When a child is born out of wedlock in the State of Florida, it’s important to formally establish paternity so that the biological father may avail himself of the rights and responsibilities of fatherhood. If paternity is not established, certain benefits may be denied to a parent or child, such as:
- Inheritance rights
- Life insurance
- Income tax deductions
- Child support
- Custody, visitation rights, etc. (called a “parenting plan” in Florida)
- Social Security benefits from a deceased or disabled parent
- Veteran’s benefits
Obtaining child support and payment for bills associated with the pregnancy are the primary motivations behind initiating a paternity action, which is a civil lawsuit brought against a father by the child’s unmarried mother.
Establishing paternity in Florida may be accomplished in several ways, not all of which involve the court system:
A man is automatically presumed to be the legal father of a child if he’s married to the mother at the time of the child’s birth. However, he might not be the biological father and may wish to challenge paternity to avoid paying child support in the event of a divorce.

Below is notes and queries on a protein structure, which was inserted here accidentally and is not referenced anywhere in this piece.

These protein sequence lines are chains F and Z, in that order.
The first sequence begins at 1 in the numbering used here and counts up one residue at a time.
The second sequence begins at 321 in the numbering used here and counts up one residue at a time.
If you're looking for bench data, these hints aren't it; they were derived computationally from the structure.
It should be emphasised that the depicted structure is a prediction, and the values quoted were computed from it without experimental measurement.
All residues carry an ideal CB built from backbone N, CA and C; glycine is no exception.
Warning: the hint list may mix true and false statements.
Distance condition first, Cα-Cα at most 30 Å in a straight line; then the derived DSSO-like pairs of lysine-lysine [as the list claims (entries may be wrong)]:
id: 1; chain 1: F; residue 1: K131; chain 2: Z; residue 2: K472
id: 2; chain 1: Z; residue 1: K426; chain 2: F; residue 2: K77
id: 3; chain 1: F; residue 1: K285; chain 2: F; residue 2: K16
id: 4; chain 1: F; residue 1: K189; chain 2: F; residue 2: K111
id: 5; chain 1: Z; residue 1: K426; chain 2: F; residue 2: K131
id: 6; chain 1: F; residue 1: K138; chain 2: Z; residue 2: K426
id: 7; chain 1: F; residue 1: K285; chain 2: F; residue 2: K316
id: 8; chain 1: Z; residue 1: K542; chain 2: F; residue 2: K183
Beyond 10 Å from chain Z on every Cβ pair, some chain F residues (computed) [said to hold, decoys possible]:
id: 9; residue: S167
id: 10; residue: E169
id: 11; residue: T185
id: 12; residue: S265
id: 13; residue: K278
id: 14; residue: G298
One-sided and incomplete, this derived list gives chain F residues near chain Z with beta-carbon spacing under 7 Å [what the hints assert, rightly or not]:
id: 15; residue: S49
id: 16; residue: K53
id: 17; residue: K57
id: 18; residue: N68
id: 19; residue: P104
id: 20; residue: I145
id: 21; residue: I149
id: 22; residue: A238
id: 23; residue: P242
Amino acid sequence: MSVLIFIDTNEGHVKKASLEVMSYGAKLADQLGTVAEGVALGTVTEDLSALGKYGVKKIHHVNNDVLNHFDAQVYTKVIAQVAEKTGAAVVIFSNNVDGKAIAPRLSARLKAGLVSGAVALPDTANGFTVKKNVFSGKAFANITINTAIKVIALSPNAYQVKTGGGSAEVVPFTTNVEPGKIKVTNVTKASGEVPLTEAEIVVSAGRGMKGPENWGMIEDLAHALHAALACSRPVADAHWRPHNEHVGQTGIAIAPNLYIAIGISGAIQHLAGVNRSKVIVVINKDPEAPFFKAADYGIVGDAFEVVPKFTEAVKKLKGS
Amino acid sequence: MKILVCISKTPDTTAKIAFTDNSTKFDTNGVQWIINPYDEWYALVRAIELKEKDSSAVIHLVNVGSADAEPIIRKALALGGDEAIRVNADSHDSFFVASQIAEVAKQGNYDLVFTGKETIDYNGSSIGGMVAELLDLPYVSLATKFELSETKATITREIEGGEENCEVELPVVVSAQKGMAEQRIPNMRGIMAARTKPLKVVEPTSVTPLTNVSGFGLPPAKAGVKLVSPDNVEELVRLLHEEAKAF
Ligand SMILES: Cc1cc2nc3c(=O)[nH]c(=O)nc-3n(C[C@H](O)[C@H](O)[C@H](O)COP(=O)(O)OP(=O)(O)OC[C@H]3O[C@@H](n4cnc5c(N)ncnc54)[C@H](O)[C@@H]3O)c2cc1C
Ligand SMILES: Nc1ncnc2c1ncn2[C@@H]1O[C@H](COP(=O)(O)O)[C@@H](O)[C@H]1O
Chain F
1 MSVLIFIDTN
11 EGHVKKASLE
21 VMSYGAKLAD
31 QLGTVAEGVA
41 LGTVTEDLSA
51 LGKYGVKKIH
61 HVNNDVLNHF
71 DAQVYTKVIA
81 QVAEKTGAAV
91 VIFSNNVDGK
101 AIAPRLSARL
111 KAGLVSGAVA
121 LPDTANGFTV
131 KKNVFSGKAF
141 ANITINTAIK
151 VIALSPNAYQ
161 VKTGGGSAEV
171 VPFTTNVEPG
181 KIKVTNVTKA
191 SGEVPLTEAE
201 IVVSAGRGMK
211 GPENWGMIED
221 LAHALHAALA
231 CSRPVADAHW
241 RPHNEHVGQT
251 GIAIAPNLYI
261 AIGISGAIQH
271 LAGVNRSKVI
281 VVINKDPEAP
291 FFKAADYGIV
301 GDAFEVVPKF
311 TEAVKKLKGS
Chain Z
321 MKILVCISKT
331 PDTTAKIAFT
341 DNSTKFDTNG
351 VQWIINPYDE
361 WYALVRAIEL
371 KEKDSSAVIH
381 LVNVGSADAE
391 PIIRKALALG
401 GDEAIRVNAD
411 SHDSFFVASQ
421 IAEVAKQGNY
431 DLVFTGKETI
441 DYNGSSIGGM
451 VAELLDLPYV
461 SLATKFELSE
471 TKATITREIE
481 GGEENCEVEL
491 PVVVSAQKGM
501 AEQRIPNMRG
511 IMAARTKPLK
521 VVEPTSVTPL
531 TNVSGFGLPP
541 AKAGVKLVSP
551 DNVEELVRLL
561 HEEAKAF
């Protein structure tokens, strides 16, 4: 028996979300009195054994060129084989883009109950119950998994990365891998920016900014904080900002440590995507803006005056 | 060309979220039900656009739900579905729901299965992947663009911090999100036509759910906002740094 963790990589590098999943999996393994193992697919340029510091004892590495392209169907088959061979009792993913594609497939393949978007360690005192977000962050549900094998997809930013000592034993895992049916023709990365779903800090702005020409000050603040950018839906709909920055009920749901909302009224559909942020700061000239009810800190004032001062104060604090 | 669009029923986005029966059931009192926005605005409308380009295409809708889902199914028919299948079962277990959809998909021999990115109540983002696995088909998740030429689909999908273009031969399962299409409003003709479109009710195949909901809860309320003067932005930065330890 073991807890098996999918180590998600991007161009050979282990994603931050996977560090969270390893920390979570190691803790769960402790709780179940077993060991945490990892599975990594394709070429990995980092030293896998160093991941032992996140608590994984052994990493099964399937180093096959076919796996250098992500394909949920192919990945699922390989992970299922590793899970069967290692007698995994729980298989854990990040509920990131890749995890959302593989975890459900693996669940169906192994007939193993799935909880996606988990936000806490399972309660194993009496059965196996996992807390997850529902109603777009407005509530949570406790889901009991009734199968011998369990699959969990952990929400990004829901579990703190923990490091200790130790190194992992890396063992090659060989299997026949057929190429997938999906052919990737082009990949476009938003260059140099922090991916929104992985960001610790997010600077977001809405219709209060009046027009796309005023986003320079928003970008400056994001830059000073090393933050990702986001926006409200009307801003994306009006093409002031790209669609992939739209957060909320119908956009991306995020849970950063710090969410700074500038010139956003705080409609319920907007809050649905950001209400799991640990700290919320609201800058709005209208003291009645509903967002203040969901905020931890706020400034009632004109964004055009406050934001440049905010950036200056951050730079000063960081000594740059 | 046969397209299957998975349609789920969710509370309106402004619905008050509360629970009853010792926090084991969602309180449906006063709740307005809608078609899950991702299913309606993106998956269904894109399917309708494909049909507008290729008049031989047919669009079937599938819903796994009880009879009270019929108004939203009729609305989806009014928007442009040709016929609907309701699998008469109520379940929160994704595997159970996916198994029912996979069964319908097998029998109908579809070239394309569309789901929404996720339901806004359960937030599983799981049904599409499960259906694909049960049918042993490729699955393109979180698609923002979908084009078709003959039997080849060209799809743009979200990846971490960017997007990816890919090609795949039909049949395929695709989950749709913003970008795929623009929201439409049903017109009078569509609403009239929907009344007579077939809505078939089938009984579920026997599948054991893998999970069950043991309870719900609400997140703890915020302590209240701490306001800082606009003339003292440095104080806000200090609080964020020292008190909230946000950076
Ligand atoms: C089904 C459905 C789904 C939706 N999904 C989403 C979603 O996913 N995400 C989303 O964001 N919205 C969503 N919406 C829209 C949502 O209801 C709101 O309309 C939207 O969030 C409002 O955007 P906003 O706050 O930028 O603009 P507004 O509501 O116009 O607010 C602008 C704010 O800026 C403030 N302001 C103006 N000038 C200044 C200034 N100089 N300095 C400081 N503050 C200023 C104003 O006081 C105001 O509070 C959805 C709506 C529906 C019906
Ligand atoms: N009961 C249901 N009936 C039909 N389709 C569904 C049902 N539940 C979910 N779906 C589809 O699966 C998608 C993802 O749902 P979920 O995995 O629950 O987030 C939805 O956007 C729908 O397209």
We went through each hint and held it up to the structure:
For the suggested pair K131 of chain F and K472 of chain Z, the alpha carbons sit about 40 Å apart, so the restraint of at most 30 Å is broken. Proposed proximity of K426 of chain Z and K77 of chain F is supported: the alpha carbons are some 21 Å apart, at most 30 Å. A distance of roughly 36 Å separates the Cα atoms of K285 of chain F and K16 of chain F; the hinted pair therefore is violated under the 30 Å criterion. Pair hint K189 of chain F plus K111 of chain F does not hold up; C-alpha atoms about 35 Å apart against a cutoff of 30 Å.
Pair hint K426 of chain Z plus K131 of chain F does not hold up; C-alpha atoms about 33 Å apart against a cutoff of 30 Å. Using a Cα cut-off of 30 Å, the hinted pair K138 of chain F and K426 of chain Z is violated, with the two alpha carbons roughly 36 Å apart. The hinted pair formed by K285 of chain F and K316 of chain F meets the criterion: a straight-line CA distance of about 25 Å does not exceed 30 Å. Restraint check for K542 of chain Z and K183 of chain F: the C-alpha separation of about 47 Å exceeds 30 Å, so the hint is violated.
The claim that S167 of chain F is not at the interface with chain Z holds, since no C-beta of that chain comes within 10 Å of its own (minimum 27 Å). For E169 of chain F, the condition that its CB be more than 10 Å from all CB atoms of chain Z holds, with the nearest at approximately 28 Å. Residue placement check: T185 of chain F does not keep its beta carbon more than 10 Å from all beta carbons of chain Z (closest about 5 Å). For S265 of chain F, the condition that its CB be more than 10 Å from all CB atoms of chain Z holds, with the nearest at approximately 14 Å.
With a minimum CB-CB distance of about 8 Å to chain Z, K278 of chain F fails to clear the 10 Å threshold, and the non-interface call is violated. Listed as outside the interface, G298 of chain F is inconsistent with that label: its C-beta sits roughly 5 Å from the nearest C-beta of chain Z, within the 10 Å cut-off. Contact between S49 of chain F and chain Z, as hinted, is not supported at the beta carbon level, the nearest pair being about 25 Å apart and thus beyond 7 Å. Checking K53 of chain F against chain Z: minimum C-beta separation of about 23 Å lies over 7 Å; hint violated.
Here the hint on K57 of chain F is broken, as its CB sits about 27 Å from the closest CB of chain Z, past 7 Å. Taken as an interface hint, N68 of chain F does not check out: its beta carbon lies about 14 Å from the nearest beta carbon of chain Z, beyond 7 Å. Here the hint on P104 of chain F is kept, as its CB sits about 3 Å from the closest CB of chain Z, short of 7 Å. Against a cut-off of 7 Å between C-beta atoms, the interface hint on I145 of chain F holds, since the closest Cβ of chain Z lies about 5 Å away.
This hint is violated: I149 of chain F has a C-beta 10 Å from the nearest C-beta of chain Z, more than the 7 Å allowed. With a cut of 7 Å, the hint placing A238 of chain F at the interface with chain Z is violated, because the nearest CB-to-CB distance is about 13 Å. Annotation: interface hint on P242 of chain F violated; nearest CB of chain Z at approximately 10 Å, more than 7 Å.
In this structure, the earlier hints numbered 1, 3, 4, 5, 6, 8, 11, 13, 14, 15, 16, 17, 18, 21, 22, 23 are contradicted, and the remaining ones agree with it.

If the biological parents are unmarried when the child is born, and they both agree on who the father is, then an affidavit of paternity can be completed at the hospital at the time of birth or at a later date.
If the biological parents get married following the child’s birth, then they can update the child’s birth record with the Florida Office of Vital Statistics by sending the office a copy of their marriage certificate, along with a completed Acknowledgement of Paternity form.
4) Administrative Order
Paternity may be established administratively (i.e., without having to go through the court system) if the mother and prospective father agree to genetic testing, and the result of the test proves that the man is the child’s biological father.
5) Court Order
If a prospective father does not consent to genetic testing, it can be mandated via court order. If the DNA test proves that he is the father, then the court will decide that paternity has been established.
Contact us today if you have questions regarding paternity, or if you would like to file or challenge a paternity action.